The Treasury Department’s Office of Financial Research, established in response to the 2008 financial crisis, has been in the crosshairs of Republican budget cutters while its staff suffers from low morale. Last week, the Government Accountability Office added to its woes.
The watchdog weighed in with written testimony to a House Financial Services subcommittee complaining auditors had “experienced repeated problems with gaining access to both people and documents” from the office.
“Many meetings took months to schedule, some were canceled with short notice, and responses to requests for documentation and other information were delayed,” said a “statement for the record” prepared by Lawrance Evans Jr., GAO’s managing director for financial markets and community investment. “Whistleblower allegations raised additional concerns about the quality of information that OFR provided GAO,” he added, citing allegations that some data was “manipulated.”
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The hearing called by Oversight and Investigations chairwoman Rep. Ann Wagner, R-Mo., came as Republicans are planning cuts to the budget and staff of an agency some see as redundant. “From studies that impugn the workplace culture, to low morale, multiple ongoing investigations, and today’s harsh criticism of OFR by the Government Accountability Office, it appears to both outsiders and insiders that this organization is completely dysfunctional,” Wagner said after the Dec. 7 hearing. “Following these reports of mismanagement, questionable analysis, bureaucratic redundancy, and the inability to fulfill its statutory mandate, one question comes to mind: Why does the OFR exist?”
She argued that eliminating the OFR “would improve risk management by encouraging diverse perceptions of risk and more robust risk management strategies.”
Rebutting her argument was ranking member Rep. Al Green, D-Texas, who said the research office that surveys markets looking for instability was a “necessary part of the Dodd-Frank defense against systemic failure,” referring to the 2010 financial reform law. “Just because it has some problems doesn’t merit elimination,” he said, objecting to proposed cuts of 25 percent in the budget and 45 percent of the staff of 207.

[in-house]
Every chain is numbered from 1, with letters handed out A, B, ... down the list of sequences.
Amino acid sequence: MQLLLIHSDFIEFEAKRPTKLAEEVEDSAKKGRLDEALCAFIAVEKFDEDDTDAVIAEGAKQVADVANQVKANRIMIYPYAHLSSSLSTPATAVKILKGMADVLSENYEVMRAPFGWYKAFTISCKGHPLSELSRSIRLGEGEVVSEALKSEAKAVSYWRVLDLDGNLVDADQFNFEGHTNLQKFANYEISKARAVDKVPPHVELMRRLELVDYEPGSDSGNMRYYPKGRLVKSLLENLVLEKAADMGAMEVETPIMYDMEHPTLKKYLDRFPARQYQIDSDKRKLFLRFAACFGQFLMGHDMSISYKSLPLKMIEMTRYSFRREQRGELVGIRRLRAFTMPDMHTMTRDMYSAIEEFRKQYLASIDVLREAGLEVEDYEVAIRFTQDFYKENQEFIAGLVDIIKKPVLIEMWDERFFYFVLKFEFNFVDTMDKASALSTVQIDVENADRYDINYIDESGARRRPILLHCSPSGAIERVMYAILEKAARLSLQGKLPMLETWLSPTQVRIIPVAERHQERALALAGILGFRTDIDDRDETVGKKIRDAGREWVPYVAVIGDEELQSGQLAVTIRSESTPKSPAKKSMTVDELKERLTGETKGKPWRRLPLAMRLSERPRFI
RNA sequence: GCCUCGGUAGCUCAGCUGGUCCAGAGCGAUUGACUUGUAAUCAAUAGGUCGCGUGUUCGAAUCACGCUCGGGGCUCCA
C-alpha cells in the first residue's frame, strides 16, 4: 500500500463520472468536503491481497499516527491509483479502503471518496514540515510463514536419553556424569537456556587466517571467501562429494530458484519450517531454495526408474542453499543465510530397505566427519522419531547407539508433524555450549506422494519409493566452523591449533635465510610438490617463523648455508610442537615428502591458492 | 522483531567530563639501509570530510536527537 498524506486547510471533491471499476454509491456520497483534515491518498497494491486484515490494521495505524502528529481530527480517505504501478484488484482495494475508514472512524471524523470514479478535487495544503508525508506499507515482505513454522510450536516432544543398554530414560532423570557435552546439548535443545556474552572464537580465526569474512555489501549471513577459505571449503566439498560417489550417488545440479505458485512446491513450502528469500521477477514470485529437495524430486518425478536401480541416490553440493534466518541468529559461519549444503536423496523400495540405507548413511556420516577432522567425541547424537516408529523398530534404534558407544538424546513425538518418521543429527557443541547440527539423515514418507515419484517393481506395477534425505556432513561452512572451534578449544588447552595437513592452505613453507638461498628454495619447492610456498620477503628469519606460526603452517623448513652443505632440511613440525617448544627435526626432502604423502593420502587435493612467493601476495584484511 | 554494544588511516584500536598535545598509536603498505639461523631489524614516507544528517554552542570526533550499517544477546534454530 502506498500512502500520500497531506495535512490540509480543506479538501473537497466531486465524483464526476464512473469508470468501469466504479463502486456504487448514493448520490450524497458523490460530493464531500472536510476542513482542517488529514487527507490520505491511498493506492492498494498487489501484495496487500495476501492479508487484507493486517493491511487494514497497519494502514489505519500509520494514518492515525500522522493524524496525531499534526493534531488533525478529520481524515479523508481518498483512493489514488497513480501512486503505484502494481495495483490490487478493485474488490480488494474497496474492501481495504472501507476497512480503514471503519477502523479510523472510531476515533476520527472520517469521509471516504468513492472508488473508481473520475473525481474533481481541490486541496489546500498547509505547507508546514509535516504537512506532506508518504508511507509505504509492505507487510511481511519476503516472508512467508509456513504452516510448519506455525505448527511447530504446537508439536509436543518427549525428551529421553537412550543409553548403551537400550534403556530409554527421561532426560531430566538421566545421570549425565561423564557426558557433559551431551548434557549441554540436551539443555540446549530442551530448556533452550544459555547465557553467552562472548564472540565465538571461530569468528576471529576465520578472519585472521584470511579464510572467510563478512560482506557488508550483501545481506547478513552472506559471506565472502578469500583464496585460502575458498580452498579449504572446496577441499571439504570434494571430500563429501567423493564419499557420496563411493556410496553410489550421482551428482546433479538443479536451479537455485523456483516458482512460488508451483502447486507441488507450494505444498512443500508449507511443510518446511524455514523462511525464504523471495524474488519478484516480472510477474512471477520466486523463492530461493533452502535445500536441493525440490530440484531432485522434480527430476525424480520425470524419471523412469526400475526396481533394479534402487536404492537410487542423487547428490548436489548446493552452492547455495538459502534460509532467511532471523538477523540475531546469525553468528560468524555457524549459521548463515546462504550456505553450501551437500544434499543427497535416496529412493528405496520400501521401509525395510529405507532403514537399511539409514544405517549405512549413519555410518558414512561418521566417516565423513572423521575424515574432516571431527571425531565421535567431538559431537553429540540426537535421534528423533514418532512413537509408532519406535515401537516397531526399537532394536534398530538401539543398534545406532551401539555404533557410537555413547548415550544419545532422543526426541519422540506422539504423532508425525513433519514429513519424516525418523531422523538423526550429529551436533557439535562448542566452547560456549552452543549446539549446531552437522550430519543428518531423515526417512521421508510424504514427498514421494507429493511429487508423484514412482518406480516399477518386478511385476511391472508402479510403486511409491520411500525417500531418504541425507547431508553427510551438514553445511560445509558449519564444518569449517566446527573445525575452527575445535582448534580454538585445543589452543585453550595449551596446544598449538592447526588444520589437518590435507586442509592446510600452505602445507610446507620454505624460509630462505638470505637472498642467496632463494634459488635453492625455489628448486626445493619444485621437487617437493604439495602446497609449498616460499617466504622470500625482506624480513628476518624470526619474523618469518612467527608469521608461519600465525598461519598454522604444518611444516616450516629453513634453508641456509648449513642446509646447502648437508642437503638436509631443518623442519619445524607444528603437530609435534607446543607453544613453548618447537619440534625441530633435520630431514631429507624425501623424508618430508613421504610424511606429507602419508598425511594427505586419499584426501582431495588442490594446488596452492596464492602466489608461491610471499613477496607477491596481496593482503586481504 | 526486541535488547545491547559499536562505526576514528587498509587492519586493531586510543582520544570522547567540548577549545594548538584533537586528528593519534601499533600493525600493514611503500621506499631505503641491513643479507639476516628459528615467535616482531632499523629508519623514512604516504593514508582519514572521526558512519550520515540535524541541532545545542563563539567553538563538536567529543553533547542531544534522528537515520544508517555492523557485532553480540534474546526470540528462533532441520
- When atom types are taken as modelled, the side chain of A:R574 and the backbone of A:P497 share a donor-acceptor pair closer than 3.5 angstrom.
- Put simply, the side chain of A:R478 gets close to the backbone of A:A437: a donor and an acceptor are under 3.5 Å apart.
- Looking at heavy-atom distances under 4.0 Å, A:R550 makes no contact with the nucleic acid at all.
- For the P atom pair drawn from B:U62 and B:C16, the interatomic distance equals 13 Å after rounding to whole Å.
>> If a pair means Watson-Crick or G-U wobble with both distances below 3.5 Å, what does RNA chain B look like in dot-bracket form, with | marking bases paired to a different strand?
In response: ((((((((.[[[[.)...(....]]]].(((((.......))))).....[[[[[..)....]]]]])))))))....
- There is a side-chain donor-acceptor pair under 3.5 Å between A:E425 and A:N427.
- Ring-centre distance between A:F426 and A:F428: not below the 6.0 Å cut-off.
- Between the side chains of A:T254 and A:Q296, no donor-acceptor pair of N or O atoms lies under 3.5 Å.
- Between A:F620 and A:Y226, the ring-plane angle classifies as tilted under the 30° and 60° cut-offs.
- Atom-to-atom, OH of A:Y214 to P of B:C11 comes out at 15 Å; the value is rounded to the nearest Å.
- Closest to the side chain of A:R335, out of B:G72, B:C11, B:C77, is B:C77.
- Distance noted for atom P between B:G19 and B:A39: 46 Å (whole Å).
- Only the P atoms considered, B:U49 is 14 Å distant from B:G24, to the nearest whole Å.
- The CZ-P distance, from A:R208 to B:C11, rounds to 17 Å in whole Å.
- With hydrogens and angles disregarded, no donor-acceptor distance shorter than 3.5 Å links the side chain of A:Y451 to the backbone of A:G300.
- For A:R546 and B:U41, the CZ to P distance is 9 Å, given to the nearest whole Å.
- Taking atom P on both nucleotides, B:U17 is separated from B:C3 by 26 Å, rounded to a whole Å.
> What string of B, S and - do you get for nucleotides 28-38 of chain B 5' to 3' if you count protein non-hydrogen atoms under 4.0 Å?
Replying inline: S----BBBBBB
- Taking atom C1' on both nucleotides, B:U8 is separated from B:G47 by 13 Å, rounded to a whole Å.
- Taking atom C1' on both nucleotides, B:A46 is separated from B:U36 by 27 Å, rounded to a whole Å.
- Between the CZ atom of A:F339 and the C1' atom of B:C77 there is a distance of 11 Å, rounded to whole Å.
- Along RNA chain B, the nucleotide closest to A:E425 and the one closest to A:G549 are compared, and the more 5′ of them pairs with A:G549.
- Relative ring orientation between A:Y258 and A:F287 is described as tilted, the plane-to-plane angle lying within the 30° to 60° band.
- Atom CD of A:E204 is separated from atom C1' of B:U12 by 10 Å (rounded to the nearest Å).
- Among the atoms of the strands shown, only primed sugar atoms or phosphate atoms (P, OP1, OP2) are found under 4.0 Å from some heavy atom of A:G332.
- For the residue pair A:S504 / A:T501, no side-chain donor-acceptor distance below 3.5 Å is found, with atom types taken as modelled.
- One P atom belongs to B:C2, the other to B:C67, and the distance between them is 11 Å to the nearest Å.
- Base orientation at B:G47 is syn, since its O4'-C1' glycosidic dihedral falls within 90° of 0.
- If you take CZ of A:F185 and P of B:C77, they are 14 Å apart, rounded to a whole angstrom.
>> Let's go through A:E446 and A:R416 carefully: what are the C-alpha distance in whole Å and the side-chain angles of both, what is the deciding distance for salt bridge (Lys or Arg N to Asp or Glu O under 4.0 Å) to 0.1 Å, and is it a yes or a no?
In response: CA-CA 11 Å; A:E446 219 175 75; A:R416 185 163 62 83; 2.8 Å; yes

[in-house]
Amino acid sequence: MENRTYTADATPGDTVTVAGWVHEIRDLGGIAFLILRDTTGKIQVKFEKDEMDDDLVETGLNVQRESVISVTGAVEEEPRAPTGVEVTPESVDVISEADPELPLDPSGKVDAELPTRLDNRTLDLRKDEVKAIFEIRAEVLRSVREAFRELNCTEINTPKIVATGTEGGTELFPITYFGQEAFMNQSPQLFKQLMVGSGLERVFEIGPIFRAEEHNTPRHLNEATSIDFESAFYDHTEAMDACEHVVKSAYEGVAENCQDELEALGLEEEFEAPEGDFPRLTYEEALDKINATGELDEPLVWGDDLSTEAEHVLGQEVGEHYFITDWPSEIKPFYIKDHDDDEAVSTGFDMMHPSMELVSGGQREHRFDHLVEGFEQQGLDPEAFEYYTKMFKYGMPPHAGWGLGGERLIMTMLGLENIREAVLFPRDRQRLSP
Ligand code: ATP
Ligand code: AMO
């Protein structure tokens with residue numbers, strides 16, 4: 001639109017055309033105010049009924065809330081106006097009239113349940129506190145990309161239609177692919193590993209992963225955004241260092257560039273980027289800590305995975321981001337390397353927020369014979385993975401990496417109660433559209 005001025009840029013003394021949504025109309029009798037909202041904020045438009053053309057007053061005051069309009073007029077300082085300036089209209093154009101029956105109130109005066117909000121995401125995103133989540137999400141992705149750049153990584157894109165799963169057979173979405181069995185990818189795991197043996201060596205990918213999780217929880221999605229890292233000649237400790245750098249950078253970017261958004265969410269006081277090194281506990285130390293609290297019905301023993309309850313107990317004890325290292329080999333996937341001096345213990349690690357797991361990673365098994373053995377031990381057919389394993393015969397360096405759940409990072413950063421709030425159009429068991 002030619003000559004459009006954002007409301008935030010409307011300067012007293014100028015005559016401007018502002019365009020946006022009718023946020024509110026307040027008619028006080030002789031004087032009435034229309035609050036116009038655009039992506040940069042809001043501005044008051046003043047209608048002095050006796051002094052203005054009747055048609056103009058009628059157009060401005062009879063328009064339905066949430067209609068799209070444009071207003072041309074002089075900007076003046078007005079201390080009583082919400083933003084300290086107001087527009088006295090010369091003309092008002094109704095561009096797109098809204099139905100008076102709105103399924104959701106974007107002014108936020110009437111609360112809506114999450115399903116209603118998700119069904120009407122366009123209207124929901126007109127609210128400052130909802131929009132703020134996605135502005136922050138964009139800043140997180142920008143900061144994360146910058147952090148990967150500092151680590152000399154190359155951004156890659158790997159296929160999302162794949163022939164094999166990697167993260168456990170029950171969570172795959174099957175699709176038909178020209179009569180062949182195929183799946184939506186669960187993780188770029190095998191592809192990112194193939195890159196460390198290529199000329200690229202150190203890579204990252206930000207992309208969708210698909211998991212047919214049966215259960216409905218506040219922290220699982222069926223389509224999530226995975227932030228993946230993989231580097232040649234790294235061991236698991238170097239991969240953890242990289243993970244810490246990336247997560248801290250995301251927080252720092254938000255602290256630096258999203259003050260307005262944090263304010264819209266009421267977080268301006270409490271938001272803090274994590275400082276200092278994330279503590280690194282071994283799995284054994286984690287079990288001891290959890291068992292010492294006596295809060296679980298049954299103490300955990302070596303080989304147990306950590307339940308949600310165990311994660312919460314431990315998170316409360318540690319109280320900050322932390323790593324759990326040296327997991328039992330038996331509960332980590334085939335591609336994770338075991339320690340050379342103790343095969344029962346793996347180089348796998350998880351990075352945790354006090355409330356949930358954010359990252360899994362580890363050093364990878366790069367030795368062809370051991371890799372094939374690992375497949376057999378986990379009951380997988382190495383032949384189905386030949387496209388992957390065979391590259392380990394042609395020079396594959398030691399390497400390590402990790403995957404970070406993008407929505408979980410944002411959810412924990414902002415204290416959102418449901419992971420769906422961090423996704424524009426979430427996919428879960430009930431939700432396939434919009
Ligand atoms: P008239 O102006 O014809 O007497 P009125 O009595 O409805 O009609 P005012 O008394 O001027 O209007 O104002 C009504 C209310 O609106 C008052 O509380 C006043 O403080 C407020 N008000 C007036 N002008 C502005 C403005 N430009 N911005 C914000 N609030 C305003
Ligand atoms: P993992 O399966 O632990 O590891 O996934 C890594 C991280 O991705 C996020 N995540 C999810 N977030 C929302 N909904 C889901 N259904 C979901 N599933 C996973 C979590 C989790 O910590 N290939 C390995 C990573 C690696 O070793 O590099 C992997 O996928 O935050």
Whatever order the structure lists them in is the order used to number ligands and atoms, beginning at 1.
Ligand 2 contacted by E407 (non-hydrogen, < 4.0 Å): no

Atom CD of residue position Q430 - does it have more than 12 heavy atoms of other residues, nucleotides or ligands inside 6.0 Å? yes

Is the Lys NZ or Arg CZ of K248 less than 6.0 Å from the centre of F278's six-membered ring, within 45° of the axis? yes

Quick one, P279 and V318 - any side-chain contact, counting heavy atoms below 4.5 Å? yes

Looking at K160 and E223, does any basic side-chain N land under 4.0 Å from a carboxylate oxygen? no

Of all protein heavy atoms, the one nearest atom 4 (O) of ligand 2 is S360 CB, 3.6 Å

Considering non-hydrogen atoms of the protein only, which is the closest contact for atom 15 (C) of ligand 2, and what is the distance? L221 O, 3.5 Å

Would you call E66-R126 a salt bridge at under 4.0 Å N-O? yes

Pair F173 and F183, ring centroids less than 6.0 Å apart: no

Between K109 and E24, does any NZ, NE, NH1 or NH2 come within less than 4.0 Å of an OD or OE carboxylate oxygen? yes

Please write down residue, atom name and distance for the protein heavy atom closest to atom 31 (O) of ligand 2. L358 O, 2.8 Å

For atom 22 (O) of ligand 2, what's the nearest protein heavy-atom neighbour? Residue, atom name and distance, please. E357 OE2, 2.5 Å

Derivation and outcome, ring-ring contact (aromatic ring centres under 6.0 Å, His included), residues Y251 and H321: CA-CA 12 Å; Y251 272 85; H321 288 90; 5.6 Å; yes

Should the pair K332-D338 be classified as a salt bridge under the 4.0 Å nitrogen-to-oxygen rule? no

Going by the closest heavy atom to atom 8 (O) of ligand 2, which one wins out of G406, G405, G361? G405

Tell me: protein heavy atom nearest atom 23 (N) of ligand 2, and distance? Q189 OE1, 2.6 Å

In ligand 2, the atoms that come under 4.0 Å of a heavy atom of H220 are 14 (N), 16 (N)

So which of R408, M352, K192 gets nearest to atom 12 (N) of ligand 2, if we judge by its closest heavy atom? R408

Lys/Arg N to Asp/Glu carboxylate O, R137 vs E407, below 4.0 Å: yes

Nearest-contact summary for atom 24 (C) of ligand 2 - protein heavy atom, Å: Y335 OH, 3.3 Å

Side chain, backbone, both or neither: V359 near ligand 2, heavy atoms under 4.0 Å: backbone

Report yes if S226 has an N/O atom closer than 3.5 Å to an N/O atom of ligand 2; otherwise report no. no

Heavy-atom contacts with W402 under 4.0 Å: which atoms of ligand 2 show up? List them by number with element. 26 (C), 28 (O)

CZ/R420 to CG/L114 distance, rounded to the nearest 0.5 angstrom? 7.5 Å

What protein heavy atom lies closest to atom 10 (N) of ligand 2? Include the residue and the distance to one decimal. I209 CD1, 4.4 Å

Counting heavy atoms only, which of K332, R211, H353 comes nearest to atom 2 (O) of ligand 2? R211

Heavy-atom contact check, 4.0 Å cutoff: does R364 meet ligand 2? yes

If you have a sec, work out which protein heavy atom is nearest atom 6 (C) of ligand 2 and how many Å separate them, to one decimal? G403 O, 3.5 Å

Defending the agency was a sole witness, Director Richard Berner. He outlined steps the research office has taken to improve communications, including a strategic plan. “Our workforce has great expertise and experience in fields central to our mission and related support functions,” he said, agreeing with the Democrat’s prompts that his office is “essential and critical. “
“I am proud of the accomplishments that the dedicated OFR workforce has made possible,” Berner added. “However, morale among OFR employees is low. Federal Employee Viewpoint Survey results for the OFR began to decline in 2014. In response, we took steps that included launching an employee engagement project that produced recommendations resulting in changes, such as an employee suggestion box, an employee Lunch and Learn program, a newsletter and electronic message boards to keep employees informed, a redesigned and upgraded employee intranet site, an online employee directory and an employee recognition program.”
Berner’s testimony also said morale had been affected as “employee stress rose as proposals repeatedly surfaced in Congress to eliminate the office.” He presented findings from an outside consultant that, while critical of the agency’s management, did not bear out charges of discrimination against minorities.
As for GAO’s charges, Berner said he has asked his team to always respond to inquiries from that watchdog and the inspector general. “During a GAO audit that began in February 2015, eight OFR senior managers and several other OFR employees were interviewed and the office provided more than 700 pages of requested documentation,” he said. “The OFR complied fully with all GAO requests related to the audit. The GAO reportedly terminated the audit in 2016 but never informed the OFR.”
Berner acknowledged some delays in responding to GAO due to staff turnover.
GAO provided details on the roadblocks its auditors ran into when seeking documents or scheduling meetings, adding that “officials we met with were frequently unable to answer our questions. In some cases, OFR officials in the best position to answer our questions were unable to provide answers or would direct us to ask others in the agency, who also told us they were not able to answer.”